Saturday, March 25, 2023

India home to great diversity of faiths: US

Says will continue to encourage it to uphold religious freedom for all

India is home to a great diversity of faiths and the Biden administration will continue to encourage it to uphold its commitments to protect religious freedom for all, a top US official has said, days after America designated 12 countries, including China and Pakistan, as “countries of particular concern”. US Secretary of State Antony Blinken on Friday designated 12 countries, including China, Pakistan and Myanmar, as “countries of particular concern” for the current status of religious freedom in these nations. He said around the world, governments and non-state actors harass, threaten, jail, and even kill individuals on account of their beliefs.
Responding to a question on why India was not designated by the US government as a Country of Particular Concern on the issue of human rights, State Department Spokesperson Ned Price said that India was the world’s largest democracy and home to a great diversity of faiths.
“Our annual report on international religious freedom outlines some of the concerns we’ve taken note of when it comes to India. We continue to carefully monitor the religious freedom situation in all countries and that includes India,” Price told reporters here on Tuesday.
The Biden administration will continue to encourage the Indian government to uphold its commitments to protect religious freedom for all, he said.
“We engage officials regularly on steps they can take to advance religious freedom. As the world’s two largest democracies, the United States and India, are also committed to an enduring project,” he said.
This is the project that Secretary Blinken spoke to previously. The project that as our founders put it, of striving to form a more perfect union. This is a project for both of our countries, Price said. “We have worked together, and we can work together to show that our democracies can meet our peoples’ needs. We must continue to hold ourselves to our core values including respect for human rights like freedom of religion and freedom of belief or expression,” he said in response to a question.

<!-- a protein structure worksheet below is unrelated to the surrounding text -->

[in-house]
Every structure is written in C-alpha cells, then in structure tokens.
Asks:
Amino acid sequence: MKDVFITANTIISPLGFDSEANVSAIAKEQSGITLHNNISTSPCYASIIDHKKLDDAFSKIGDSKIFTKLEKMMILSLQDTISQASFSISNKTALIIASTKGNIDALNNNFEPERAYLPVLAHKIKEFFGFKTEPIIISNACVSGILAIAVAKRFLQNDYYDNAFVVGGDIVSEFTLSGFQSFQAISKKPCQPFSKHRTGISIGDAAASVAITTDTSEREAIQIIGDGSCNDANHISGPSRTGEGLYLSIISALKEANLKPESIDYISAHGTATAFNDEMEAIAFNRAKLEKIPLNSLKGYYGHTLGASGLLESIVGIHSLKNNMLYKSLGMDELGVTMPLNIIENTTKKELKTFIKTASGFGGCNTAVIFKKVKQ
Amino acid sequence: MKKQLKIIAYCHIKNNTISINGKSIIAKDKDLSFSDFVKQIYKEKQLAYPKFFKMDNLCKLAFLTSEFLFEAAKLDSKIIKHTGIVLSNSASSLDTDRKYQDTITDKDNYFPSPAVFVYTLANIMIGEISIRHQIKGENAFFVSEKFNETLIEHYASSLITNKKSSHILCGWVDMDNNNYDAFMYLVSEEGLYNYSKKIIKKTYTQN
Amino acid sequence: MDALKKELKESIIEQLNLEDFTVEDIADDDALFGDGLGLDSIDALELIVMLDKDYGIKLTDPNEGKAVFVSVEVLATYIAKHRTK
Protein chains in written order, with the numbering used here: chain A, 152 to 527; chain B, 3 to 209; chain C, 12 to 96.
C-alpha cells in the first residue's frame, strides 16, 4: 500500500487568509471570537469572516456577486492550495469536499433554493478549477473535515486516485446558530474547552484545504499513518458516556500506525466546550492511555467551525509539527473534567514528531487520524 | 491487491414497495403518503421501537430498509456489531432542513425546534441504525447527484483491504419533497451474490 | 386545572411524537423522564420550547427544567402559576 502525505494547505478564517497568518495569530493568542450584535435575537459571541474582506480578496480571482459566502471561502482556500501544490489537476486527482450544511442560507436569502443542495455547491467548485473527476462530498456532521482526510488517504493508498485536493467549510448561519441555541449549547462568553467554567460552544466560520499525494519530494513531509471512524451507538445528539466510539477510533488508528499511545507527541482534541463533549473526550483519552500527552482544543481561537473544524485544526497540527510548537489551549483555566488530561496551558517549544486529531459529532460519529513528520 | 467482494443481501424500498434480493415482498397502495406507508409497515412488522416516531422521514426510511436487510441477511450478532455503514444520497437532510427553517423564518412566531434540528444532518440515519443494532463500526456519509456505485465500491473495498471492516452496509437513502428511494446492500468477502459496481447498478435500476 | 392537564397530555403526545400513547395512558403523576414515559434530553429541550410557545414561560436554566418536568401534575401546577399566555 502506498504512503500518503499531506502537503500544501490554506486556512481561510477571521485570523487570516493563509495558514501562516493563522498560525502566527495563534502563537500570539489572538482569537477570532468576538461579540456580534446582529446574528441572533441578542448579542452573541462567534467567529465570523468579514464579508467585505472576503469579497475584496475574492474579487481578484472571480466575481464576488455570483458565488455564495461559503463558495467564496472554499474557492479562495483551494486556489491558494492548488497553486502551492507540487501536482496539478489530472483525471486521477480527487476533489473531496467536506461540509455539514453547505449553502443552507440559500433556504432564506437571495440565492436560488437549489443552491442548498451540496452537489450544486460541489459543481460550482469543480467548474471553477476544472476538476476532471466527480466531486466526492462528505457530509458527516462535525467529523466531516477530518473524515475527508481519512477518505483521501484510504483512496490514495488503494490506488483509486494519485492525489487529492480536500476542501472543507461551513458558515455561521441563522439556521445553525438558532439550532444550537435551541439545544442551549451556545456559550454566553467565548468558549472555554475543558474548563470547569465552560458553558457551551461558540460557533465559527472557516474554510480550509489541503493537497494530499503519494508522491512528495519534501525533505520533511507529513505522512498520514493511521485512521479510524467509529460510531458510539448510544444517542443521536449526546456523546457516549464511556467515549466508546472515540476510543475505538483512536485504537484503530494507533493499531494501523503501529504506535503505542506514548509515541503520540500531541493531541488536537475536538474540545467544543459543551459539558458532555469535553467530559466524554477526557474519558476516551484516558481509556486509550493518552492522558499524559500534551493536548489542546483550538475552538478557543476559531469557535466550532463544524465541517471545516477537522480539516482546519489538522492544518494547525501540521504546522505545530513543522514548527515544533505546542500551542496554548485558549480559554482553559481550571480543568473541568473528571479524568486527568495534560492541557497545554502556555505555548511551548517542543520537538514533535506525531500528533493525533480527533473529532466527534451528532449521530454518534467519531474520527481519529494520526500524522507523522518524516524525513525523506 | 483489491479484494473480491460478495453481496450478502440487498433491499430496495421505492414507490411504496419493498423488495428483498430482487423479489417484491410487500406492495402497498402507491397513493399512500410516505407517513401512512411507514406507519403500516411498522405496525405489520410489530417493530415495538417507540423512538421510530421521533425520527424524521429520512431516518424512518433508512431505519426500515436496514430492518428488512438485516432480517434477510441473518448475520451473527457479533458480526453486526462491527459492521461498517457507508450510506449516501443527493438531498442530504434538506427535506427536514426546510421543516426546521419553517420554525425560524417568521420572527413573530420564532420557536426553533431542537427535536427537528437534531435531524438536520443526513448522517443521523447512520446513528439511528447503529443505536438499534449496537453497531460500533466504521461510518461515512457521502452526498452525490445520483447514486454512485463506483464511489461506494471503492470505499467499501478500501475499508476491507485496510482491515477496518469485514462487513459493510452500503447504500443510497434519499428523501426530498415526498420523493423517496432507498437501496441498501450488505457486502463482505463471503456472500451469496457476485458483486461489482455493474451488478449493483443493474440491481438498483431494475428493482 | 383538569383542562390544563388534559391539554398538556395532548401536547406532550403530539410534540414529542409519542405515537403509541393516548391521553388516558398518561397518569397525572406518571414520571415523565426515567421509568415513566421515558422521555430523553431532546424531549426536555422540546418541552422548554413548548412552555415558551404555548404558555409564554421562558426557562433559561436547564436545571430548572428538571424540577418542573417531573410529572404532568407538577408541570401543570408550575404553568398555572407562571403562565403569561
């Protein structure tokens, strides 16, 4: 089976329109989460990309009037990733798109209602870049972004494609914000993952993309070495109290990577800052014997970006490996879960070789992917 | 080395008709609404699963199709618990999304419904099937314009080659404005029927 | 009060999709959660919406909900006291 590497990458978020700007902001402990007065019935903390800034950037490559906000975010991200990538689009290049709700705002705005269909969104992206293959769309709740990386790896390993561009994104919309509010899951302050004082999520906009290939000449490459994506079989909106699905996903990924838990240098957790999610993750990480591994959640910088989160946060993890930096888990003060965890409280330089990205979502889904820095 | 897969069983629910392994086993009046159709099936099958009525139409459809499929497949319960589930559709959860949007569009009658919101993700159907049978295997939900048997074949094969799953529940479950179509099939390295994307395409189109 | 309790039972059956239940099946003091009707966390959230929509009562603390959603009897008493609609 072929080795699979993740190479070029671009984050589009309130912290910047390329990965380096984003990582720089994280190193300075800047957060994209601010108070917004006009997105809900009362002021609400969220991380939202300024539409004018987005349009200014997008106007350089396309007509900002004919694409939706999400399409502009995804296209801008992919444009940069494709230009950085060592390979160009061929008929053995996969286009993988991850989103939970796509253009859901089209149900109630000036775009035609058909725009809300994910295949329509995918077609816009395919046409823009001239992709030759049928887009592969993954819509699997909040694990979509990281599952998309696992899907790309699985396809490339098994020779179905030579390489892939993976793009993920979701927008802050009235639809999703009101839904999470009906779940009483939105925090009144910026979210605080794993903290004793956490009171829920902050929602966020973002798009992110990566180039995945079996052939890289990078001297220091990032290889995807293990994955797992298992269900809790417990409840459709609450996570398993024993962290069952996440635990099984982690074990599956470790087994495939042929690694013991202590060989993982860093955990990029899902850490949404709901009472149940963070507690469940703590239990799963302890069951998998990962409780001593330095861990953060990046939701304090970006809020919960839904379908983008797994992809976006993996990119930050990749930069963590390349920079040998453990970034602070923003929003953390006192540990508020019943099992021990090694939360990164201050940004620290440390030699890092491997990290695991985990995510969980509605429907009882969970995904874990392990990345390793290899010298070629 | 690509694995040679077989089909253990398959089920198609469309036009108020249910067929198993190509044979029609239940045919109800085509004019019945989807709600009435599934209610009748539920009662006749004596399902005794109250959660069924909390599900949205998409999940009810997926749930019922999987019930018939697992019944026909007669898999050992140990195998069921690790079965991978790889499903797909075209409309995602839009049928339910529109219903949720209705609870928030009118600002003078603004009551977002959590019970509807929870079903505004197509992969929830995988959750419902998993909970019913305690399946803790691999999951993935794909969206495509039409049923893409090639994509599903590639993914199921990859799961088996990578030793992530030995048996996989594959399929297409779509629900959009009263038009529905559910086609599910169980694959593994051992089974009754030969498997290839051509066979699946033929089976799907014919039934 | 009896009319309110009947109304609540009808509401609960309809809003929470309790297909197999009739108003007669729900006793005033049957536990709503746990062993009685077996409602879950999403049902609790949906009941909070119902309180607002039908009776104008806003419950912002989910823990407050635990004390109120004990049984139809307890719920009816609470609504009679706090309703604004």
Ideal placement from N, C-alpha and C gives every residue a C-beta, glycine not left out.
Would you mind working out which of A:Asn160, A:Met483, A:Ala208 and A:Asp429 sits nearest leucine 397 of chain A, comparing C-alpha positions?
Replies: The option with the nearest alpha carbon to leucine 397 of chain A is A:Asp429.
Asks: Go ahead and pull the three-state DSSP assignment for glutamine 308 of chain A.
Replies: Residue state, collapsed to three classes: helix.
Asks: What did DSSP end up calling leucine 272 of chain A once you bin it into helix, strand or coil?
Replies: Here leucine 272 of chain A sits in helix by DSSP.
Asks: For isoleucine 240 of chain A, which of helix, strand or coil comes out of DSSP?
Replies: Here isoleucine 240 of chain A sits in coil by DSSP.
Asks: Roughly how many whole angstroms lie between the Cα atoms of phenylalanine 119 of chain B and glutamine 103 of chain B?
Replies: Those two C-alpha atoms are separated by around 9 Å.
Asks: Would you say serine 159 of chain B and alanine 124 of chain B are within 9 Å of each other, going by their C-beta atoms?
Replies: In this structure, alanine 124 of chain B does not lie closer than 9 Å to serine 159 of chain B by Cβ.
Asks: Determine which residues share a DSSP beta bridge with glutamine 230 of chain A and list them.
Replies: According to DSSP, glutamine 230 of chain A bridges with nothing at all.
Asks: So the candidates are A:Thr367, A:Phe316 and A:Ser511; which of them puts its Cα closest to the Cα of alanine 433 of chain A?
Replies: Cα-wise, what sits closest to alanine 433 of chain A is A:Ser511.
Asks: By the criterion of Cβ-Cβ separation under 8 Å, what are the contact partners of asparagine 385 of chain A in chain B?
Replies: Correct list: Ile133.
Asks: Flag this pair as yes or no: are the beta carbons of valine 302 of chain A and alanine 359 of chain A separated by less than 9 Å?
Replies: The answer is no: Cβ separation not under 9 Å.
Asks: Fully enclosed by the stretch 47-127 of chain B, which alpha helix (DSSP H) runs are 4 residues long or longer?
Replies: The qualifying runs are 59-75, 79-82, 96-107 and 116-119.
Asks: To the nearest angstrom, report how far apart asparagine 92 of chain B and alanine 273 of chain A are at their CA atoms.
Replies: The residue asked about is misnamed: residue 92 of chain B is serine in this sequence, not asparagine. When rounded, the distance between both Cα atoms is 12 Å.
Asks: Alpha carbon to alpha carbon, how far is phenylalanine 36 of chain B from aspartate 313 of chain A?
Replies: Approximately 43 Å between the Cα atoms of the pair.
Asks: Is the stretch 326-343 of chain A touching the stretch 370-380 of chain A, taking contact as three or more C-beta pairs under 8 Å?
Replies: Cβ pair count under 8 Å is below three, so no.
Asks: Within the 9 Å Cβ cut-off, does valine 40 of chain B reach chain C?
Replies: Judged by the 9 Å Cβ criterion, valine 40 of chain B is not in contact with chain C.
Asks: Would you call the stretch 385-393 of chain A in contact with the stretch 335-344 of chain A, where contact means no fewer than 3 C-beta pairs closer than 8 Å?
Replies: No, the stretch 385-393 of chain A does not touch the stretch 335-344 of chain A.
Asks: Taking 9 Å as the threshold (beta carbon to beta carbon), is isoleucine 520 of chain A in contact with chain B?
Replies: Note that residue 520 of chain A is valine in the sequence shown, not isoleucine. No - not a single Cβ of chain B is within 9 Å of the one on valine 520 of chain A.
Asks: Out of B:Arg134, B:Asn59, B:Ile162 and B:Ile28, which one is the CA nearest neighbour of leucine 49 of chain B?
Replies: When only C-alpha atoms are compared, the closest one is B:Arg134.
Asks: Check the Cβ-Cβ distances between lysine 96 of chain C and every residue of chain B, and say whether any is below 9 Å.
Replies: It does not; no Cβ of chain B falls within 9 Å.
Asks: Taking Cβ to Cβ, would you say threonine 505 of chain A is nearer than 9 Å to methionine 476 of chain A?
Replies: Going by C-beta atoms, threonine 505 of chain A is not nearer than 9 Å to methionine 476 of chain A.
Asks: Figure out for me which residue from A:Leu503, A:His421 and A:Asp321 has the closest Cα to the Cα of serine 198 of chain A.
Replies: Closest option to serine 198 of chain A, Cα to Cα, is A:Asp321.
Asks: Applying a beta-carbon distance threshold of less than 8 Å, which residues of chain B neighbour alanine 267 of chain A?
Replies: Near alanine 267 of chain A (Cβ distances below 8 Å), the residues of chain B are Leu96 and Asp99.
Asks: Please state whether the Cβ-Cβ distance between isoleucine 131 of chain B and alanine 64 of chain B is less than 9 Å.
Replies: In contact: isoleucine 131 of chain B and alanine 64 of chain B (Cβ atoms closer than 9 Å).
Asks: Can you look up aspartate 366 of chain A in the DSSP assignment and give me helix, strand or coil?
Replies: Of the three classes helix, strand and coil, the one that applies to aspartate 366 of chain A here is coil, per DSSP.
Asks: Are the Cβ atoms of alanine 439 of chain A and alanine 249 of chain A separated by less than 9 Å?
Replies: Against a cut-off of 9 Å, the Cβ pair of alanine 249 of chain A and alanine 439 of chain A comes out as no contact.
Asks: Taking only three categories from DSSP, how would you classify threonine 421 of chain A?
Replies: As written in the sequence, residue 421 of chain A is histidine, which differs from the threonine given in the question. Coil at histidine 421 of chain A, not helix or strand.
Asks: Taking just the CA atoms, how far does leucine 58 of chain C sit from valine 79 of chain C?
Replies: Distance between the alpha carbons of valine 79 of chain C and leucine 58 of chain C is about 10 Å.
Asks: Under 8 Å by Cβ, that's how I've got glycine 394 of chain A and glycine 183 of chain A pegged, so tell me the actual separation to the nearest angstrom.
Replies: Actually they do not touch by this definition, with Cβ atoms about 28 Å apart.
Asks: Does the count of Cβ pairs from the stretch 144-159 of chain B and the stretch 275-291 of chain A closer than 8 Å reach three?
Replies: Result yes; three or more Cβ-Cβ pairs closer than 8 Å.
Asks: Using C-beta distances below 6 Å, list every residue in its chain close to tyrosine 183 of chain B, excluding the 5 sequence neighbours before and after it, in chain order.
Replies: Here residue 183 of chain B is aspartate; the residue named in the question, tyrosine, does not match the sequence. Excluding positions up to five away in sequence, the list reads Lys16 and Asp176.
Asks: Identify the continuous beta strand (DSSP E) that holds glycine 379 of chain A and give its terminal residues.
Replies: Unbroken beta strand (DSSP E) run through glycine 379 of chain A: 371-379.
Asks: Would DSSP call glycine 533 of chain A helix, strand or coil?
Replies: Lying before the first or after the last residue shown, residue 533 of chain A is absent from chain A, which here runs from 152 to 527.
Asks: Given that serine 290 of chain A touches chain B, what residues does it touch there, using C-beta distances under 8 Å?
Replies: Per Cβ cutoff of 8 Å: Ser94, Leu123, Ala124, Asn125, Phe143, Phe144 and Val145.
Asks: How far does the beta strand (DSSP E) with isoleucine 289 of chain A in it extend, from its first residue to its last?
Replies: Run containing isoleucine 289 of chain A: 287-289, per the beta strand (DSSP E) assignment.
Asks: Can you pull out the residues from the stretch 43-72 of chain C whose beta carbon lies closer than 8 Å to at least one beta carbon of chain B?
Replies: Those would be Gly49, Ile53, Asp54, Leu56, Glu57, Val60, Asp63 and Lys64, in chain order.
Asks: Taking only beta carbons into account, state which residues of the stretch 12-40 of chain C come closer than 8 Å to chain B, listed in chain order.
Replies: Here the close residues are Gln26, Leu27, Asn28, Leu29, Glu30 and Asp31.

“That, in turn, makes our respective democracies even stronger. Secretary Blinken, given the totality of the facts and the circumstances, determined that religious freedom concerns in India do not warrant a country of particular concern designation or placement on the special watch list. But, these are conversations that we continue to have with our Indian partners and with partners around the world,” Price said.
India has previously rejected criticism by foreign governments and human rights groups on allegations that civil liberties have eroded in the country.
The Indian government has asserted that India has well-established democratic practices and robust institutions to safeguard the rights of all.
The government has emphasised that the Indian Constitution provides for adequate safeguards under various statutes for ensuring the protection of human rights.
Ahead of the announcement of the annual designation by the State Department, there were massive lobbying efforts by groups like Indian American Muslim Council and pressures from organisations like the US Commission for International Religious Freedom to designate India as a Country of Concern.
In the US State Department 2021 Report on International Religious Freedom, the India section of the report mentioned incidents of attacks on religious minorities.
India in June this year rejected its criticism in the US State Department report on religious freedom, saying it is unfortunate that “vote bank politics is being practised in international relations”.
External Affairs Ministry Spokesperson Arindam Bagchi said the observation on India in the report is based on “motivated inputs and biased views”.
“We have noted the release of the US State Department 2021 Report on International Religious Freedom, and ill-informed comments by senior US officials,” Bagchi said.
“It is unfortunate that vote bank politics is being practised in international relations. We would urge that assessments based on motivated inputs and biased views be avoided,” he had said.


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